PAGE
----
Friday, September 30, 2011

DNA Test Spurs Surprising Discovery of Great Grandfather Thomas Jefferson

You never know what a DNA test might reveal!

A few months back, spurred on by my interest in genetic genealogy, my sister Erin decided to order a DNA test from 23andMe for my brother-in-law John Huffer. John has never known his father, so we didn't really know what his results would show. His mother's family has a strong oral tradition of Native American ancestry, so we expected some mixed ethnicity. What was not expected was his African maternal line DNA haplogroup L3e4 and the five percent African ancestry that was revealed in his Ancestry Painting. (Ancestry Painting is a 23andMe tool that examines the 22 chromosomes one segment at a time and determines for each stretch whether it was most likely inherited from ancestors in Africa, Europe or Asia.)

I had never investigated John's family tree before, but my curiosity was piqued with this result, inspiring me to begin researching it. Fairly quickly it was obvious that his was no run-of-the-mill genealogy. John's mother's line traces straight back to Madison Hemings. That name may be familiar to many as the son of Sally Hemings and Thomas Jefferson, our third president and author of the Declaration of Independence. My genealogy research clearly showed that Thomas and Sally are John's fourth great-grandparents!*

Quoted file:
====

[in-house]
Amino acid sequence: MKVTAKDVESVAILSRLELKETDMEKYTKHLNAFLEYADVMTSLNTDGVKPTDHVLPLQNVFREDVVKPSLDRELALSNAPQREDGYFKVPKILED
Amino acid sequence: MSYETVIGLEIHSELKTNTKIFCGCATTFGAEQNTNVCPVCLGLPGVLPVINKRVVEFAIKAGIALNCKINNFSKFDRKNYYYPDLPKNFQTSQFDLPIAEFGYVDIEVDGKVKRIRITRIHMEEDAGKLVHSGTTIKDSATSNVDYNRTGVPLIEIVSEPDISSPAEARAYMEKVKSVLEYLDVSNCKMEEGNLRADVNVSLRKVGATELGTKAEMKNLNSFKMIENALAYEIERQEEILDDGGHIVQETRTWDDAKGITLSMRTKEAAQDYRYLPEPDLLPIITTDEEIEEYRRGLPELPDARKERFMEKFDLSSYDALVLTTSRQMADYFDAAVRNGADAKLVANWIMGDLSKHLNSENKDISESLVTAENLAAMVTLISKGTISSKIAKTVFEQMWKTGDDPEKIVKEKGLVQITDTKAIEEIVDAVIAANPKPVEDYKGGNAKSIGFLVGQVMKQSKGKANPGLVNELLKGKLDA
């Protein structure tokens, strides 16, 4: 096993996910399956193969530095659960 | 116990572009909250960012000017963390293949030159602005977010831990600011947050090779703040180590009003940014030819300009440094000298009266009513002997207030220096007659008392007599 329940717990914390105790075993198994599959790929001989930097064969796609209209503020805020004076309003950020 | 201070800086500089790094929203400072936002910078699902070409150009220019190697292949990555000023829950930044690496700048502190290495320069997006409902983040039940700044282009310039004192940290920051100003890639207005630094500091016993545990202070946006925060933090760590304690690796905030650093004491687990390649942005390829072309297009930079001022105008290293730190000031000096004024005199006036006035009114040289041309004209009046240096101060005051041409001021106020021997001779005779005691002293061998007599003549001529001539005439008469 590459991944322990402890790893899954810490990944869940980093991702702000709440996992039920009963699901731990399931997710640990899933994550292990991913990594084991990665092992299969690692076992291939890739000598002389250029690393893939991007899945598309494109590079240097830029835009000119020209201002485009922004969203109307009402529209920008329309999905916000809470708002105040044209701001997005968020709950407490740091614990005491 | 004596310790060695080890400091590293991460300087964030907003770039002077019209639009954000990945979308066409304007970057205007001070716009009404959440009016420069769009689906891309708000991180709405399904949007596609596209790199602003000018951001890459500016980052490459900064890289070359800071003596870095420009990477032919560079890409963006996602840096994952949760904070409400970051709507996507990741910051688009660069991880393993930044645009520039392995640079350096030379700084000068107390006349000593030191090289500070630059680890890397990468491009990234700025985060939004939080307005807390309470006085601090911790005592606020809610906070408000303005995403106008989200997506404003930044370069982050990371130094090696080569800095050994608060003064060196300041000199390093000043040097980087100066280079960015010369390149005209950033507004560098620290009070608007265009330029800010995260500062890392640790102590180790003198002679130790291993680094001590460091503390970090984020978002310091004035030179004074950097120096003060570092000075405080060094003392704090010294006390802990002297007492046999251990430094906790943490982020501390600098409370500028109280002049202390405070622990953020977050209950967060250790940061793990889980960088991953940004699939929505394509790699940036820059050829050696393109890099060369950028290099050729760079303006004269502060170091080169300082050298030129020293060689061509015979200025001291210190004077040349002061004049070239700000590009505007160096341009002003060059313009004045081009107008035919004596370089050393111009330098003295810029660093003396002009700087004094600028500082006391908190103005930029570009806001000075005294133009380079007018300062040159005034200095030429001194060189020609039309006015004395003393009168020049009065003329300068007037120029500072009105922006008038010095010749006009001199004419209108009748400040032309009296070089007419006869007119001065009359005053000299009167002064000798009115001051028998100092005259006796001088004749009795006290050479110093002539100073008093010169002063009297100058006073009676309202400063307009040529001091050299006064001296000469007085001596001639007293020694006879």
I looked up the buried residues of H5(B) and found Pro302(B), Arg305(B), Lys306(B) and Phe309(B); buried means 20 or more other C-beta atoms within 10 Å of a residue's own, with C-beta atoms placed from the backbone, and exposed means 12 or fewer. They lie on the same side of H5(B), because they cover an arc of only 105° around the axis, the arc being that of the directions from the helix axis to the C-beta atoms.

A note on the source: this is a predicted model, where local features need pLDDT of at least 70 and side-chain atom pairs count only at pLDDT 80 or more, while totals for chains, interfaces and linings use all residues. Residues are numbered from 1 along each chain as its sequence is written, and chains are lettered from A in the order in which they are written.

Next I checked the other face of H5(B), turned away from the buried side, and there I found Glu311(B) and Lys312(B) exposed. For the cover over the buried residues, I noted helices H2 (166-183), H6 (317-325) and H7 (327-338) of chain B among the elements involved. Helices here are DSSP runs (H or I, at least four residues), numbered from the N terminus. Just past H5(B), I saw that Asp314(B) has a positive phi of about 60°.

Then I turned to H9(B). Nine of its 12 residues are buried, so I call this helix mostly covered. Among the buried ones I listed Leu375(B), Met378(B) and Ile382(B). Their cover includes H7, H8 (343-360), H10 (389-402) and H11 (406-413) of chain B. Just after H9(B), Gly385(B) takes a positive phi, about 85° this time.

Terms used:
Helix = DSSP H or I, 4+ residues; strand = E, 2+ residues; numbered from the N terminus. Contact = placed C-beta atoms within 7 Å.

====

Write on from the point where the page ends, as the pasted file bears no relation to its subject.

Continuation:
John has always especially admired Thomas Jefferson above all other historical figures and felt a special affinity to Monticello when he first visited there ten years ago, although he had absolutely no idea of his familial connection. When I first relayed my findings to John and my sister, they were, understandably, shocked. Once they started browsing the Internet in search of more information, they came across a very familiar photo on one of the websites about Monticello. An original of this very photo had hung in John's house growing up. Further investigation shows that his mother had, at least, a vague knowledge of her family's relationship to Thomas Jefferson and/or Sally Hemings, but did not share it with her children.

There have been a number of interesting "coincidences" in regard to the Huffers and Monticello that make one ponder on genetic memory. When John and my sister first visited Monticello on an anniversary trip ten years ago, they loved it so much that they decided to go back the very next year with their daughter Courtney. When Courtney entered the dining room of Monticello, she promptly passed out. Although her reaction could be attributed to the hot, humid day, it bears notice that this was the one and only time that Courtney has ever fainted. This was long before the family knew about their personal connection to the place or the families that lived there.  Courtney says that although she felt "overwhelmed" at Monticello, she also "felt at home". Last weekend, the family visited Monticello for the first time since discovering their relationship to it and its previous inhabitants. John and Courtney both said that Monticello "seems like a happy place" and they "have a feeling of hominess" there.

Since John had never had any relationship with his father's family and had very little contact with his mother's side after a family dispute, he says it was as if they "had no history". Erin relates, "It's been fun for John to finally have a legacy of some sort, not to mention one as interesting as this," and goes on to say that this discovery has finally given John and his siblings "a sense of who they are and where they came from."